Amid this a member of the audience who works on Pupil Voice in local schools asked if children had been spoken to about their views and how this affected them as they would have heard what was going on. Shirley Parks said from a safeguarding point of view she would be concerned that such discussions would worry the children. However, the member of Islamia staff responsible for pastoral care and said that there had been questions from pupils and that these could be addressed through the Pupil School Council.
The issue of lack of provision of information to local residents came up again. Sophia Moussaoui said that the Governing Board could not be expected to leaflet every home in the area. The parent who had organised the petition, Jamad Guled, said that she had prepared a leaflet for distribution to residents informing them of the plans but had been barred from distributing it by the Governing Board. The chair of the Board said they had seen the leaflets and that it was written as if from an outsider and they thought that it would create panic and division in the community.
Contributing from the audience Gwen Grahl, Brent Council Lead Member for Young People and Schools, said she recognised that this was a difficult situation. Brent Council had been approached by the Islamia Governing Board for help when the school received the eviction notice. Islamia was obviously a very popular and successful school and unique as the only Muslim state school in Brent. She understood that other schools were being built in Brent but the site in South Kilburn was inappropriate for a lot of reasons. Teachers, parents, and pupils of the merging schools were really excited about moving to the new school and in any case, it was not opening until 2023.
Cllr Grahl said that it was her job to scrutinise the council officers to make sure they were doing their jobs properly and she could assure residents and parents that they had looked at every single option for finding a site nearer to Queens Park. The Yusuf Islam Foundation had commissioned their own search and couldn't find a site either:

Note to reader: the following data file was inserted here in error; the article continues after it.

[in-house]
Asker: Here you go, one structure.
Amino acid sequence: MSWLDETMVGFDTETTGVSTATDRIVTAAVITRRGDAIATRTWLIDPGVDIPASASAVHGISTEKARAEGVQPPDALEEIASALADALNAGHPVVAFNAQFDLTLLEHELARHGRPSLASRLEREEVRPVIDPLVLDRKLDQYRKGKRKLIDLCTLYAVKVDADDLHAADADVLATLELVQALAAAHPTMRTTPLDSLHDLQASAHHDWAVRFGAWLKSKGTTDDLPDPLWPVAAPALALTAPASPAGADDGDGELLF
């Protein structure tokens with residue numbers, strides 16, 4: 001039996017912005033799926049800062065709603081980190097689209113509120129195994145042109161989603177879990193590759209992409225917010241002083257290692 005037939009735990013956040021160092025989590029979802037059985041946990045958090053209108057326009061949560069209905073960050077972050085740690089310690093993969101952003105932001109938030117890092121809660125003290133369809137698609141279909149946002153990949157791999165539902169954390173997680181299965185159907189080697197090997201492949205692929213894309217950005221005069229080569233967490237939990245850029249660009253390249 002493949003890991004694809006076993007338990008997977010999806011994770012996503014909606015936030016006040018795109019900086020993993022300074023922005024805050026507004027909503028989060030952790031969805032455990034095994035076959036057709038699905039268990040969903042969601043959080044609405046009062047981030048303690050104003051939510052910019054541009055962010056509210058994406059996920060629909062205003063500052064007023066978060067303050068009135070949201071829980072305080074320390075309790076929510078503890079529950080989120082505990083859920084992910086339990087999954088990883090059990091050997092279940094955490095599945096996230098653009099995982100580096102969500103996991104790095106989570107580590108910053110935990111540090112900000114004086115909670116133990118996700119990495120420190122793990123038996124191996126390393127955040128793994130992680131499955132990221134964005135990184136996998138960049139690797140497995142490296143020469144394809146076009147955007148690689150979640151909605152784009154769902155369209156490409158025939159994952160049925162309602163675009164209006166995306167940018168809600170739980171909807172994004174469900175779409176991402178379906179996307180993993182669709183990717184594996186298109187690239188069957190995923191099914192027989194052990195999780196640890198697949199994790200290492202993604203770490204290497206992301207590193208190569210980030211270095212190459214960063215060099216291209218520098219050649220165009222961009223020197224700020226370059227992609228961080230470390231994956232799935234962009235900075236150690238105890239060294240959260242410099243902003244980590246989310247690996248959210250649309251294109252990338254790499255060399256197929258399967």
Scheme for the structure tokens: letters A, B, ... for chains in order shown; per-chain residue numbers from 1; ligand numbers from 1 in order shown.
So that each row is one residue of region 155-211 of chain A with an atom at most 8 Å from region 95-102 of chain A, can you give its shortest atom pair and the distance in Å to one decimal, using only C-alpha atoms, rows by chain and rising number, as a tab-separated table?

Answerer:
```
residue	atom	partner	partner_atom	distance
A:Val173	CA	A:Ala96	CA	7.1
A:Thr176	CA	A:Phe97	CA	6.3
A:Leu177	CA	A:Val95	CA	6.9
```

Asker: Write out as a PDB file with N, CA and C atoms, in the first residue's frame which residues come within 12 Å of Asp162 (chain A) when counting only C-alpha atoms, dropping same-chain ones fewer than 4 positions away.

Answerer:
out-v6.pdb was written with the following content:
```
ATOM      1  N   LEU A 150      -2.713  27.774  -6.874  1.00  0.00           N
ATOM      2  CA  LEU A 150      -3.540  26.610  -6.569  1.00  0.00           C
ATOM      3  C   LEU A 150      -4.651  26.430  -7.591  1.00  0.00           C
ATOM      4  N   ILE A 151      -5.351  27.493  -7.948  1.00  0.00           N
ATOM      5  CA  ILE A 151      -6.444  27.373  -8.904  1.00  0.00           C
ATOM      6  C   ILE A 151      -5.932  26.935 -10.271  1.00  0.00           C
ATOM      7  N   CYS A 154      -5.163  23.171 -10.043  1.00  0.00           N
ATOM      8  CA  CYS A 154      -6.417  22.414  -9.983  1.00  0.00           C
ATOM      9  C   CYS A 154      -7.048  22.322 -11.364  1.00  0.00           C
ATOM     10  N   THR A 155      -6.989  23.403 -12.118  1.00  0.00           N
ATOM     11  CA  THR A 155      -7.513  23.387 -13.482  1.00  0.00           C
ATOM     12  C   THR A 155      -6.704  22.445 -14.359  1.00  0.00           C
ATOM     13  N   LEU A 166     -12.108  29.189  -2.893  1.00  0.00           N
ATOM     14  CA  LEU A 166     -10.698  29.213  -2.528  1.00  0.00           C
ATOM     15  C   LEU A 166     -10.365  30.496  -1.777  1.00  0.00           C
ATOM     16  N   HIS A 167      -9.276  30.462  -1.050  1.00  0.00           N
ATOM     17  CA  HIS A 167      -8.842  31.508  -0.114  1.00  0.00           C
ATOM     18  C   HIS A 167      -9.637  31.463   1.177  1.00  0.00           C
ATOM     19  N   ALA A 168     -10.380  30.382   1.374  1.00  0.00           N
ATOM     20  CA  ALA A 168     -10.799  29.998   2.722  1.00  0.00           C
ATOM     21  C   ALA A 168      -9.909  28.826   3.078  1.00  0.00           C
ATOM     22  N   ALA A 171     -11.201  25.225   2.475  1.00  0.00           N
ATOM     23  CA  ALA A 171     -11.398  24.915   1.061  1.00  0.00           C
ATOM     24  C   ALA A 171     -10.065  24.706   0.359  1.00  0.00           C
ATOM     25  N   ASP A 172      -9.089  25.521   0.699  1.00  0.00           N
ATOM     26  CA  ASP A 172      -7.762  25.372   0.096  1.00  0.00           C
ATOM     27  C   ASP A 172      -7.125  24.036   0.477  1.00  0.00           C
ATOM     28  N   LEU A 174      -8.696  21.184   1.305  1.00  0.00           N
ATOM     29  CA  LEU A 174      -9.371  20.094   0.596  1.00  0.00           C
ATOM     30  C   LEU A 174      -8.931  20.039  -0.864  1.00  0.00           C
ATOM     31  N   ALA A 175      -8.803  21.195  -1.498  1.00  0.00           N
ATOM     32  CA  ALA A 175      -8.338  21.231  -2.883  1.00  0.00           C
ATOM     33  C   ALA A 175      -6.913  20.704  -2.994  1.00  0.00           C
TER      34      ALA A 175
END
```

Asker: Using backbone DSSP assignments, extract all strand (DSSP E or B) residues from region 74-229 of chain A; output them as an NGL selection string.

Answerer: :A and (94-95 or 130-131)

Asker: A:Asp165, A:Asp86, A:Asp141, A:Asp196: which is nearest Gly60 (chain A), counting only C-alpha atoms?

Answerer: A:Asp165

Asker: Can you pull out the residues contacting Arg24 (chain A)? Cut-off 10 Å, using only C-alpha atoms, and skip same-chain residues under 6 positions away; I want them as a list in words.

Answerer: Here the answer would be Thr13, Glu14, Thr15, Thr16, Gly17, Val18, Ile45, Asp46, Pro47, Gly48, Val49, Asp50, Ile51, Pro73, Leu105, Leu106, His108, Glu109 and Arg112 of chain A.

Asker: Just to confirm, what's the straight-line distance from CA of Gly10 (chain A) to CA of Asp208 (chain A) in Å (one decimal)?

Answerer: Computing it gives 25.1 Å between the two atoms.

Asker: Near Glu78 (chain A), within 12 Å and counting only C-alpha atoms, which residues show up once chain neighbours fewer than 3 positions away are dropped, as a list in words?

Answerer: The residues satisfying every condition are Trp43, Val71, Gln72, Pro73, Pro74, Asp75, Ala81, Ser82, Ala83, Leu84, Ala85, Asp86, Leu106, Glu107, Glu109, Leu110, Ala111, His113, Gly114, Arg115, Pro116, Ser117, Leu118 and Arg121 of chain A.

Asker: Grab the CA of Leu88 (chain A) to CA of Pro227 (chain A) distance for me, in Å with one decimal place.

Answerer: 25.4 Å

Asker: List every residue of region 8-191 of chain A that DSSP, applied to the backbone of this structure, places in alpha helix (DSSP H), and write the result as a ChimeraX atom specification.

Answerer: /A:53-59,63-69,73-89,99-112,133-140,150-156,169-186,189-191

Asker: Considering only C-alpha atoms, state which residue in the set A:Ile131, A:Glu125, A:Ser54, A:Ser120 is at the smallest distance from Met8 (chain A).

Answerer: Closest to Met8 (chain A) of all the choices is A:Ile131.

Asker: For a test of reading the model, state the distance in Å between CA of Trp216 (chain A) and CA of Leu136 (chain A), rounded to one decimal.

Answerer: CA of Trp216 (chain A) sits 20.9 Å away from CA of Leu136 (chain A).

'You can't build a site just anywhere it has to be big enough and accessible and crucially available in the very small window to 2024.'
She recognised that there had been some problems with the informal stage of the consultation, not least that the Governing Board had not expected to have to undertake the consultation process. As a result of representations from the ward councillors the consultation period was extended, and the Council played a bigger role in ensuring the process was transparent and organising additional meetings. It was going to be her job to steer any proposal through Cabinet:
If I am not satisfied that either parents of the school or residents support the proposal, or its not feasible for any other reason, then I won't be voting for it. So, I ask everyone to engage in the consultation. We want to hear from you, but to be honest, my challenge was that 420 children go to a school, and it's going to close. I wish that it could have been able to remain in Queens Park - I wish they hadn’t been evicted.
This is the proposal that we have managed to come up with. The capital funding comes from Strategic CIL and is not coming from any other Council department. It had to be allocated as here is no guarantee that it would be available at a later date.
Cllr Grahl went on to assure that audience that the Council was here to listen and would see what happened at the end of the process. She finished, 'In terms of options I really wish there was another option, but there isn't one.'
The Chair of Governors Sofia Moussaoui said that the Governing Board did not want to move either but were faced with the stark choice, 'Move or close'.